By Alison Ballance
The world’s largest island rat eradication has just been completed, with the final load of rat bait dropped on subantarctic South Georgia Island from a helicopter flown by New Zealand pilot Peter Garden, using a specialised bait spreader developed and made in New Zealand. That the operation was possible at all was the result of 50 years of techniques and experience developed on New Zealand islands.
The South Georgia rat eradication, which has been carried out by the South Georgia Heritage Trust’s ‘Heritage Restoration Project’, is nearly eight times larger than the previous largest island eradication on Australia’s Macquarie Island. University of Auckland biologist and eradication expert James Russell says it is globally significant.
“They didn’t just do an incremental change – they did a step change. They moved from 11,000 hectare Campbell Island and 13,000 hectare Macquarie Island, they just grabbed the bull by the horns and went for it.”
It all began in 1964, when the late Don Merton and fellow conservationists declared that they had got rid of Norway rats on tiny Maria Island, in the Hauraki Gulf. At that time just 0.5 per cent of New Zealand islands were free of mammalian pests; today, 10 per cent are pest-free. Following Maria Island, conservationists began to tackle larger and larger islands, such as 170 hectare Breaksea Island in Fiordland and then 2000 hectare Kapiti Island.
When Norway rats were eradicated from remote subantarctic 11,300 hectare Campbell Island in 2001, it was a monumental conservation achievement that suddenly opened up the possibility of restoring large islands around the world. The Campbell Island rat eradication, led by Peter McClelland, managed to overcome the obstacles of distance (700 km from mainland New Zealand) and ferocious subantarctic weather by using a team of five helicopters that used specialised bait-spreading buckets and GPS to spread baits containing the rodenticide Brodifacoum across the entire island, including the steep cliffs, ensuring that every rat on the island had access to the anticoagulant poison.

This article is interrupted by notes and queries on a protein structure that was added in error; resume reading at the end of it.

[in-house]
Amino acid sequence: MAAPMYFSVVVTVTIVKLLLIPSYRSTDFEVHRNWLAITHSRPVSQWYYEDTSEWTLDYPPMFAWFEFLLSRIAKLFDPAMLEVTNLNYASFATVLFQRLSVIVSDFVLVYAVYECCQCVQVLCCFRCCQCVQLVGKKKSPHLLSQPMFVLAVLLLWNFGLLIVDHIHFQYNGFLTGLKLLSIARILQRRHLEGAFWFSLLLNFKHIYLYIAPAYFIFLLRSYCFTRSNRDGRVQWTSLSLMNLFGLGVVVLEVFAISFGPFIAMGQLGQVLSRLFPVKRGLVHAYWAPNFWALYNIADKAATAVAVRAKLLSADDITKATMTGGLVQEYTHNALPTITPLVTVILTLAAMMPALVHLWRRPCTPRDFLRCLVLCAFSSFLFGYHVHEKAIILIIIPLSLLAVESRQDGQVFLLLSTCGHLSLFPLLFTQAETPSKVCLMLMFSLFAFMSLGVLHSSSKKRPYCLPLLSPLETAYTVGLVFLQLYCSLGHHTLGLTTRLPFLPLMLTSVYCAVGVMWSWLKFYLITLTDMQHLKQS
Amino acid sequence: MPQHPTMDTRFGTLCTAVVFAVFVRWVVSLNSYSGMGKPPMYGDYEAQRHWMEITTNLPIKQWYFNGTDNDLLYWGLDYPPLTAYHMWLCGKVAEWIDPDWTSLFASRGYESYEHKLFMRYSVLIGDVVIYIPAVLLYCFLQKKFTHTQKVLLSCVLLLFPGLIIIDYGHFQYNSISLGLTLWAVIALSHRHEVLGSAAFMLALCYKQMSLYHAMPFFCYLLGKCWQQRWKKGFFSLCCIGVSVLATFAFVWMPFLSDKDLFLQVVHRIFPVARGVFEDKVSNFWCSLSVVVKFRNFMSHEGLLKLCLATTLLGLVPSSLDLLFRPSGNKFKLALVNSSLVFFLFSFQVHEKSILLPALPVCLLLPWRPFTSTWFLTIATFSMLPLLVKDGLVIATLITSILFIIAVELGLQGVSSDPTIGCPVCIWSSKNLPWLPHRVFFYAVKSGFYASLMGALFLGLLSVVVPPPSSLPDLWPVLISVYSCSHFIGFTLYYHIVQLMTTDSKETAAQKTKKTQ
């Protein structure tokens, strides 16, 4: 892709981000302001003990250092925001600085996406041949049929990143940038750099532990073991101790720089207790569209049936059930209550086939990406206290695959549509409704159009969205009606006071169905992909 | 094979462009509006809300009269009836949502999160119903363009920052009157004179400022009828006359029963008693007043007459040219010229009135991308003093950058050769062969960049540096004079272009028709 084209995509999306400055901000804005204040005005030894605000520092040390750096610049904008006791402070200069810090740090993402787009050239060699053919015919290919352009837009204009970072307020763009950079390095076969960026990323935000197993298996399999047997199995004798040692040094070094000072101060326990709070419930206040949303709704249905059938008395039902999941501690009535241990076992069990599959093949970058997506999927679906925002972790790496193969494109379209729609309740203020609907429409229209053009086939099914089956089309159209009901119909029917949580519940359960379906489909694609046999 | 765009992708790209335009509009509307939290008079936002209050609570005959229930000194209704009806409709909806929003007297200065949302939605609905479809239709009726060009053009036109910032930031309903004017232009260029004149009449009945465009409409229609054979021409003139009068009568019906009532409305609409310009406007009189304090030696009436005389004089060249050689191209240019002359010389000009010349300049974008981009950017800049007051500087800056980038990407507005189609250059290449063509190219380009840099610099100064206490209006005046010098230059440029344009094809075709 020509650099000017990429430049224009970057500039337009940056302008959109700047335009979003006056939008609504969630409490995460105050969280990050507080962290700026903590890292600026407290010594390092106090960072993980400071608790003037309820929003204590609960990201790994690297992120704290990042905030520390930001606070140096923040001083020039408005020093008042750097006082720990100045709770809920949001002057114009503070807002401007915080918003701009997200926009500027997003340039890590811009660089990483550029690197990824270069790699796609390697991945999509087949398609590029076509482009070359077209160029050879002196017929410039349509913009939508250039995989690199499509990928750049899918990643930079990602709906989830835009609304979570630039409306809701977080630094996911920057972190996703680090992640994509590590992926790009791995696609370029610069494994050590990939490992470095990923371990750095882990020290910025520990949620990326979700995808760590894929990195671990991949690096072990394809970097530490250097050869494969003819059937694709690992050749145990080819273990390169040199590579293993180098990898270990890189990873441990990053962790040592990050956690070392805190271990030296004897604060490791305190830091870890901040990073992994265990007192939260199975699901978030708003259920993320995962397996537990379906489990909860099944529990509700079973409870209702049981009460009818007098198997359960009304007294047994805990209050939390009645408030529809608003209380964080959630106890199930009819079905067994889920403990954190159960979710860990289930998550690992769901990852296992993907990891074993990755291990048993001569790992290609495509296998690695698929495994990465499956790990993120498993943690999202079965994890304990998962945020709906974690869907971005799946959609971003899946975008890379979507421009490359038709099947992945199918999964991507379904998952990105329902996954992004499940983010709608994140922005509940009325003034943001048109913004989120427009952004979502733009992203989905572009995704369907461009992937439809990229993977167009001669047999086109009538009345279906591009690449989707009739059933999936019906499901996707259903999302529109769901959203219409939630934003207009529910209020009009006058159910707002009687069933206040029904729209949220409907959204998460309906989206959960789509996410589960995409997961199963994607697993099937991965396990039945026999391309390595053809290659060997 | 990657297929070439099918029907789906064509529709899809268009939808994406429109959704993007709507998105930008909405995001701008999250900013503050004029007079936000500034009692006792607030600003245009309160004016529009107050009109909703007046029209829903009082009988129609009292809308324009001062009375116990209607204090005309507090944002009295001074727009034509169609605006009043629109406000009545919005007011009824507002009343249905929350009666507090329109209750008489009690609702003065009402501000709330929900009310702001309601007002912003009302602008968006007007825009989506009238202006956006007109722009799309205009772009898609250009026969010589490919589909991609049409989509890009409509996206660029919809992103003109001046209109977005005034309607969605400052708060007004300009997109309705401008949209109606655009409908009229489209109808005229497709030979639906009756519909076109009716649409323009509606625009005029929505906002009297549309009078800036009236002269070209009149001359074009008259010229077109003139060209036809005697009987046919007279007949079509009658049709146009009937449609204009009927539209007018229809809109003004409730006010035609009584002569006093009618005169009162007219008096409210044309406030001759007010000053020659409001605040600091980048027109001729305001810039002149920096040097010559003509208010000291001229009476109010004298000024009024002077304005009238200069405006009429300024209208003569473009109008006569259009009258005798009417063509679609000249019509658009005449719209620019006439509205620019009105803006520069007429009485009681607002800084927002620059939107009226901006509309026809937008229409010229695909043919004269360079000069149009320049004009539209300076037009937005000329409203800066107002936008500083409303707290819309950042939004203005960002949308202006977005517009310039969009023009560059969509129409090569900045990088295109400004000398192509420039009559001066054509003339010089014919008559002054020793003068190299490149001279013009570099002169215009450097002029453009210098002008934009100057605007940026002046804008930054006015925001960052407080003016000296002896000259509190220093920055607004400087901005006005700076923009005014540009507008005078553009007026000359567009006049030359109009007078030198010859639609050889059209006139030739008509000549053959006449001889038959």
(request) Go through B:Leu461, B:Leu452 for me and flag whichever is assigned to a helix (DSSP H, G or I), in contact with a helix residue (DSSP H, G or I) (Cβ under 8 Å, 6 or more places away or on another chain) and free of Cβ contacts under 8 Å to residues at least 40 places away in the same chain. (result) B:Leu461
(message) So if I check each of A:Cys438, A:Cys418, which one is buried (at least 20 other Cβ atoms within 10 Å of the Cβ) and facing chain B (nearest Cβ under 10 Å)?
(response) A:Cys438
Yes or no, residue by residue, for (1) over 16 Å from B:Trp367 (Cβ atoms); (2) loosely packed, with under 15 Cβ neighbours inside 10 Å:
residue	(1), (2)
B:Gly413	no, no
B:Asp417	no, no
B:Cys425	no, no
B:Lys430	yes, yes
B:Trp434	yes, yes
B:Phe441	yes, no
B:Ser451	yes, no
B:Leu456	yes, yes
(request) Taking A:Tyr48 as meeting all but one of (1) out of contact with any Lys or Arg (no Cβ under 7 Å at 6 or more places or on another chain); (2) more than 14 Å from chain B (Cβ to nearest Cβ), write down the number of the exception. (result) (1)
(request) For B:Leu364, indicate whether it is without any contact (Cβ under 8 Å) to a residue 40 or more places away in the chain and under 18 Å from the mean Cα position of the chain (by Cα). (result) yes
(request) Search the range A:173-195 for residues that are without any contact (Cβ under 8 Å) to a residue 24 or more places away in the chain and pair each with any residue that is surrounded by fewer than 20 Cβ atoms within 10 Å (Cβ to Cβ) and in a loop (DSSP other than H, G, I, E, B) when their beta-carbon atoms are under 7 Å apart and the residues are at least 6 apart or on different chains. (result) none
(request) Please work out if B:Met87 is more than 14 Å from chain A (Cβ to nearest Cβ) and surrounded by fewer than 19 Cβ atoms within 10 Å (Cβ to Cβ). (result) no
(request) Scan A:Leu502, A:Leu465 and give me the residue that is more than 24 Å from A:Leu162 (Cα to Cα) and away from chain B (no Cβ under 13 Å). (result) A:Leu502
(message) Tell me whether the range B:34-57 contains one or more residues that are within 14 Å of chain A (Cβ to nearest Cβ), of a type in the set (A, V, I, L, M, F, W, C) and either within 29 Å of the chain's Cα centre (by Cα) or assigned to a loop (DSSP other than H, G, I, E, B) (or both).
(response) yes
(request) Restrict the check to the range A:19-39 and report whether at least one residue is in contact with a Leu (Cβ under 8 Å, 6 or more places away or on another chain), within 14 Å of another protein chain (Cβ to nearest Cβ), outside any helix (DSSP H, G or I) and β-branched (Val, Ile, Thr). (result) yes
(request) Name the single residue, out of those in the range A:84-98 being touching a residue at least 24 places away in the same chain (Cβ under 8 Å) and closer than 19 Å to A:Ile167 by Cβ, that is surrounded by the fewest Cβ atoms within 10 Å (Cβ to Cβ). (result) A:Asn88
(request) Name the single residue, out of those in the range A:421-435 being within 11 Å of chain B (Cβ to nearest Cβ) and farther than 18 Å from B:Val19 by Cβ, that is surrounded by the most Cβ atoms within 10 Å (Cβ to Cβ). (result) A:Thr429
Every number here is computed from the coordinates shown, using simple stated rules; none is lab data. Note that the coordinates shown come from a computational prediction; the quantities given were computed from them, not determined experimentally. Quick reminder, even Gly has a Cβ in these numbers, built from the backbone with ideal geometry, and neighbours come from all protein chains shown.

South Georgia Island is a British Territory that lies at 54°S, off the southern tip of South America, near the Falkland Islands. The island is 375,00 hectares in size. The area of the island from which rats had to be removed is 100,000 hectares in size, so large that the rat eradication had to take place in three stages over five years. The eradication has been a race against time, to get it completed before global warming melts the large glaciers that effectively divide the island into a number of ice-free valleys. Research into the genetics of rats living in different valleys, carried out by Bruce Robertson and Neil Gemmell from the University of Otago, confirmed that they were all distinct populations. This meant these ice-free areas could then be treated as ‘eradication units’, and this allowed the eradication to be done as a ‘rolling front’. Bait was dropped in a few eradication units in a trial carried out in 2011, a much larger number of units treated two years later, and the third and final bait drop treating the remaining ice-free valleys in February and March 2015.